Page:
It’s been a long summer and the kids are just settling back into their nursery and school routines. I have yet to find my writing rhythm, the one where I feel no resistance, where I believe in myself and the work is a joy. More than a few days away from my desk and my creativity is sluggish, as if I am a musician who has failed to practice or an athlete who has been missing training. It is disconcerting to find that the creative side of my brain is hibernating, and only comes forth spluttering in fits and starts, unreliable and sad.
Trickier still is the trap door that is left open when my writing routine is interrupted. Doubts that visit so regularly that they have become boring. You know, those old demons: I’m not good enough; I will never be able to pay my bills with writing; I started too late. Or worse still, the excuses: I don’t have enough support; I don’t have enough time; no one cares about words. None of this is true, except that my fear of being ordinary is holding me back. That resistance and change are inextricable entwined.
The Trap of Inertia
Inertia is a thorny bedfellow. His guise is to make you feel comfortable and safe, but thorns lurk beneath his winning exterior. He’ll tell you that you’re fine as you are, to bunker down and stay within the same landscape, the same confines. But you might find that you just can’t escape the niggling feeling you are going nowhere. That’s when you know it’s time to act and seek growth. Once the comet is in motion, the hardest part is done. You just need to hold on.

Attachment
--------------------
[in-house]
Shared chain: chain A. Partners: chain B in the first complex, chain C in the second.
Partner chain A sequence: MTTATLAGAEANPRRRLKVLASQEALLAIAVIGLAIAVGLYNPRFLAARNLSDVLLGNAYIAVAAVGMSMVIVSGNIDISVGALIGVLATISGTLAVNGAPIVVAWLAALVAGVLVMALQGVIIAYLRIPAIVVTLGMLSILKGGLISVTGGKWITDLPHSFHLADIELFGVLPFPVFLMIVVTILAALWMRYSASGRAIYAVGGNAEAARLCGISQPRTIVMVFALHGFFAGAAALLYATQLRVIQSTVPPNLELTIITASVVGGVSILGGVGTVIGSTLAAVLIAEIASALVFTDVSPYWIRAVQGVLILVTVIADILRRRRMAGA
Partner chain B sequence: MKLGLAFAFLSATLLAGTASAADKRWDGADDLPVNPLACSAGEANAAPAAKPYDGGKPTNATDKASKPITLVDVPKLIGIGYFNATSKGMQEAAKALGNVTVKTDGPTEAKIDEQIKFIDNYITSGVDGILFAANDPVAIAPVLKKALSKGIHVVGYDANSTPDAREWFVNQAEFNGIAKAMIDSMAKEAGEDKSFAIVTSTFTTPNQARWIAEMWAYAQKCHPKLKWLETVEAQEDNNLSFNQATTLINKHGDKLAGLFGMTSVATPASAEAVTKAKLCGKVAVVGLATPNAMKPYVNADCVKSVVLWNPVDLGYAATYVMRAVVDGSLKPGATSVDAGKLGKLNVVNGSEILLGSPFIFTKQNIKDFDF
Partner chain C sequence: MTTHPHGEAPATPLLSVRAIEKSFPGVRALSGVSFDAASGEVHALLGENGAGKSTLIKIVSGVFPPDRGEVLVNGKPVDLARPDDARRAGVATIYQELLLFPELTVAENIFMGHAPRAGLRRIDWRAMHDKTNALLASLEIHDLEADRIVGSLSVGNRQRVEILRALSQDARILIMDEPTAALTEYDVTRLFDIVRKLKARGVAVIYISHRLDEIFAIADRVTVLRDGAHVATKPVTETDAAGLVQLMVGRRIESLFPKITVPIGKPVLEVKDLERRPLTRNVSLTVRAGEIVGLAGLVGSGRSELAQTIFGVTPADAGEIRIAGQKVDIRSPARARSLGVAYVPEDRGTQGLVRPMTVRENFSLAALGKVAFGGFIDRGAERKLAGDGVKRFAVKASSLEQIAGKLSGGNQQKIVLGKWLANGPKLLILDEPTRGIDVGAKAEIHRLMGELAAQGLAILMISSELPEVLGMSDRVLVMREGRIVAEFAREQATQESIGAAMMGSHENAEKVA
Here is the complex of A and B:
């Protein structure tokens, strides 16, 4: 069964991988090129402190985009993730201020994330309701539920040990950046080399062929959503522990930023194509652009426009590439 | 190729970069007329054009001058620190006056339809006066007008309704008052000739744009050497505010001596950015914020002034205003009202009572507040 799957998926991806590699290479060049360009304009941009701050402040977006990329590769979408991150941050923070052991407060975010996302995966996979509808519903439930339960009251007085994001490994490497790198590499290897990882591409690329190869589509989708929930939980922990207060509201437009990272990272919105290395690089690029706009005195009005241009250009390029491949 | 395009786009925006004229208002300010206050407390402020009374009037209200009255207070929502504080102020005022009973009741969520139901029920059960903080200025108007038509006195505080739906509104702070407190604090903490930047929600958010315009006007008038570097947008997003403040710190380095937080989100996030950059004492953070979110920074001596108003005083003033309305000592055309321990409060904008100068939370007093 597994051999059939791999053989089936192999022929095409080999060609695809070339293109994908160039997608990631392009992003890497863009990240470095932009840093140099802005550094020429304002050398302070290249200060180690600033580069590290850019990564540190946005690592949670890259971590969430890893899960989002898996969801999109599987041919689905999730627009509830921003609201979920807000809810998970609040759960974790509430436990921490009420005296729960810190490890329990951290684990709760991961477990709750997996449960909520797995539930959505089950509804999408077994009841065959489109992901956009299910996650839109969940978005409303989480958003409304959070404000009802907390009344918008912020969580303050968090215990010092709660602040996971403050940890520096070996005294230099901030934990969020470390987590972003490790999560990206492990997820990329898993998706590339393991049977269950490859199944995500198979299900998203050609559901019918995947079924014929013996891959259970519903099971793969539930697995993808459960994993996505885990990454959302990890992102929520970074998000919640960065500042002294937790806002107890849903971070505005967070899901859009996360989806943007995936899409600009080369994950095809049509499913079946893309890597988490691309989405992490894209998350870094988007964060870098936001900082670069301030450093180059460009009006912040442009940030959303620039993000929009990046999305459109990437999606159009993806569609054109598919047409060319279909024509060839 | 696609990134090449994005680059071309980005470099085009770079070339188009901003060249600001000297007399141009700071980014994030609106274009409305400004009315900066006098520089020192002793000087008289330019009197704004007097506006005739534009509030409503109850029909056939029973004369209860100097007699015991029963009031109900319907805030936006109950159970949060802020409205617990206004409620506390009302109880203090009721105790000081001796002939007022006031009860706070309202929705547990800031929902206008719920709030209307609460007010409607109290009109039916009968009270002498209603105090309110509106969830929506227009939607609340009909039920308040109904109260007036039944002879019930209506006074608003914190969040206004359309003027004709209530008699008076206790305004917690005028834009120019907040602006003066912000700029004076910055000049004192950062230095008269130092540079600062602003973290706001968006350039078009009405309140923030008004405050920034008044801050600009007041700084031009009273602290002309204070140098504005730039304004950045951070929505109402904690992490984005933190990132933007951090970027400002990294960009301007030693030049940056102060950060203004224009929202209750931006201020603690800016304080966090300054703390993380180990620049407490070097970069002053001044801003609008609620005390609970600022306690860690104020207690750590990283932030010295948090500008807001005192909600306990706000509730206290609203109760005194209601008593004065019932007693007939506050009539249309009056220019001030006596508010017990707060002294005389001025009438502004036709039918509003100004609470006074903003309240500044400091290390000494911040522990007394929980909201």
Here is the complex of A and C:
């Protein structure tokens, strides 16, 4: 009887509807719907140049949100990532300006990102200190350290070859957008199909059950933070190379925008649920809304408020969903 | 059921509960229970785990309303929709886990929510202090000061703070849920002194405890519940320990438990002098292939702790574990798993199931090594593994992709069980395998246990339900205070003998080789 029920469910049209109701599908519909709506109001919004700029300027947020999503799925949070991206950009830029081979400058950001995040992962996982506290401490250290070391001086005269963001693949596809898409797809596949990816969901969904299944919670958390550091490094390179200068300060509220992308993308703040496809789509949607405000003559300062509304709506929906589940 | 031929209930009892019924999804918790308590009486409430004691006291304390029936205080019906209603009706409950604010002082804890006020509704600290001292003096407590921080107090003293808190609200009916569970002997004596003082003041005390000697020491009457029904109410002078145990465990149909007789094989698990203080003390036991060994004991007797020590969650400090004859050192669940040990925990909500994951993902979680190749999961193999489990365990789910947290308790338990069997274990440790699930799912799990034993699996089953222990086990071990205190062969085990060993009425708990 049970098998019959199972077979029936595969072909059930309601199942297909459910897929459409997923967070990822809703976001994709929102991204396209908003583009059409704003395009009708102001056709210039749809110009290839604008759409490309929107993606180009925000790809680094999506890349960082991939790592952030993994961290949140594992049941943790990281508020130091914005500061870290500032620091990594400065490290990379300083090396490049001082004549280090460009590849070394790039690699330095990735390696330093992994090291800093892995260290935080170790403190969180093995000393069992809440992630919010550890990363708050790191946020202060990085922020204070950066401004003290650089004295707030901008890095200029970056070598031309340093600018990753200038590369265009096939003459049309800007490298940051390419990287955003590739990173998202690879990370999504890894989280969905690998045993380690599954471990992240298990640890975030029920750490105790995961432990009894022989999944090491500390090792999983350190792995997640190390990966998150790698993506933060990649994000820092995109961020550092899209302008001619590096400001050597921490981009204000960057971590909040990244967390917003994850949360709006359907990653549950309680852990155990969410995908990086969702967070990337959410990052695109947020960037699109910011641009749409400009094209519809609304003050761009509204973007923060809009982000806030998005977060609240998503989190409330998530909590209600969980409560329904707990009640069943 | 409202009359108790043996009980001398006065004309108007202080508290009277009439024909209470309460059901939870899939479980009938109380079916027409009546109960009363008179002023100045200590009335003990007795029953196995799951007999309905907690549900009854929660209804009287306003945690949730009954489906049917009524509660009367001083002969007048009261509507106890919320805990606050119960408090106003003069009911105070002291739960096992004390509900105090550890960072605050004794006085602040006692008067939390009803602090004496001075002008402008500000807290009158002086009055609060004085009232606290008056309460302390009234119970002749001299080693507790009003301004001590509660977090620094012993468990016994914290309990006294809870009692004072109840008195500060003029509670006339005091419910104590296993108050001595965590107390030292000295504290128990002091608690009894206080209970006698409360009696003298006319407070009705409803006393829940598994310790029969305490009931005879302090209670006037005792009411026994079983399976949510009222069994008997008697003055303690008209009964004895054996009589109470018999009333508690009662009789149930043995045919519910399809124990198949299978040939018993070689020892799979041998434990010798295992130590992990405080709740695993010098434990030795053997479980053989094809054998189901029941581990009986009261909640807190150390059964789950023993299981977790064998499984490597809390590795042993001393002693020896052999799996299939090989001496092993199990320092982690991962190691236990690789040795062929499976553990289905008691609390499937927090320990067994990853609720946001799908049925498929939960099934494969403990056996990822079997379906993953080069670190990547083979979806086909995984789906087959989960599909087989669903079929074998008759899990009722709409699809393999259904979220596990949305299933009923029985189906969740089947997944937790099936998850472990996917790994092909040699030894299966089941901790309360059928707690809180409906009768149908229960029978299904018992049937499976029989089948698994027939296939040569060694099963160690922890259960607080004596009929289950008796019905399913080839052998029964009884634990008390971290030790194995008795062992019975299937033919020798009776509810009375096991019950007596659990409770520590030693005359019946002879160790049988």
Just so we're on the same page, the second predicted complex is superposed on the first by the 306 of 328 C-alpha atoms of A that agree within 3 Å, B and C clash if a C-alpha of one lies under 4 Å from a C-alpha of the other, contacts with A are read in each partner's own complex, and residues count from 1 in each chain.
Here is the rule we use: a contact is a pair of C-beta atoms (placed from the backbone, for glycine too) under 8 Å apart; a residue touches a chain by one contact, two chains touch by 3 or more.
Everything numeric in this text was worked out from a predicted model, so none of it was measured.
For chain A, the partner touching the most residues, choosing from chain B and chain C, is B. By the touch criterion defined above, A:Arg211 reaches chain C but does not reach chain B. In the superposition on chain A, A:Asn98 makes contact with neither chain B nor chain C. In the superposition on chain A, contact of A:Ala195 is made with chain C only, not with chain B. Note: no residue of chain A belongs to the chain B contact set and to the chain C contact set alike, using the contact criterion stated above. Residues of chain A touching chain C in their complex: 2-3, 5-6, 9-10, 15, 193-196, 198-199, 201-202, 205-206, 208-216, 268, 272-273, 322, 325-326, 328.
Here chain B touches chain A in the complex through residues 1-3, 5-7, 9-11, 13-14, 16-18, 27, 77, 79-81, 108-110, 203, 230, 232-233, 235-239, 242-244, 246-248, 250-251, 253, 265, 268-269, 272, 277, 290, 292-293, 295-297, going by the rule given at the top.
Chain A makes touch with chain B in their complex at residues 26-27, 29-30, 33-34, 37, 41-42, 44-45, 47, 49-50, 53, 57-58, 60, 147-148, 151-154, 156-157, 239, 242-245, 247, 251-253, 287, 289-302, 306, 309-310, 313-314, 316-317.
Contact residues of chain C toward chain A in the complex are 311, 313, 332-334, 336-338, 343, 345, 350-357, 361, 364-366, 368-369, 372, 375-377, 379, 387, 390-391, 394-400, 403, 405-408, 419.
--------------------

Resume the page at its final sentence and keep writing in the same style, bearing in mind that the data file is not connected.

Gratitude and Celebration
The journey of a writer is a continual one, and sometimes it is easy to lose sight of what we have already achieved. I’m a great advocate for writing down what makes you feel good: a beautiful sentence you have crafted; a perfect piece of dialogue; a poem or blog post complete; the offer of a collaboration; a comment about your work; a reader who has really engaged. When progress is slow, don’t erase your memory of how far you have come. Be gentle with yourself. Sometimes, you need a break and that means you will shine all the more brightly afterwards.
Taking Writing Too Seriously
When you feel passionately about something, it is easy to lose your sense of perspective and humour. That’s one of the reasons, for example, that my dad and I are good at pushing each other’s buttons when we talk politics. The same goes for writing. Taking our passions seriously is admirable. It allows us to prioritise them, be disciplined and improve. Taking things too seriously, however, can lead to excessive pressure resulting in burn out or blocks. Or they just might make you smelly (In Kafka’s short story A Hunger Artist, read to be an allegory, serious writers are advised not to take baths. “Serious writing comes from intense pain and suffering. Bathing is pure joy. Leave it for the happy and shiny.”)
While my words might be important to me, and I believe that communicating ideas is a beautiful calling, there is freedom in remembering that we are not saving lives here. There is freedom in restraining feelings of self-importance that sabotage our work. If you are creating anything at all, it is dangerous to care what others think. Have fun, distill the truths you find, create the best possible work you can, but throw all delusions of perfection and grandeur away. They will only limit you.
Ignoring your doubts
It’s easier said than done isn’t it? Do doubts and fear ever go away, or do the most successful people just learn to override them? One thing is clear. Over-thinking weakens us. Sometimes, the best approach is ignore fear and act anyway. In the case of writers, that means sit at your desk and feel your fingers glide over the keyboard. It means do the work and apply yourself to a routine until it feels natural again. It might mean setting yourself small targets or making yourself accountable to a writing partner. I don’t know about you but I’m happiest when I am productive, creating. Did you work on your dreams today?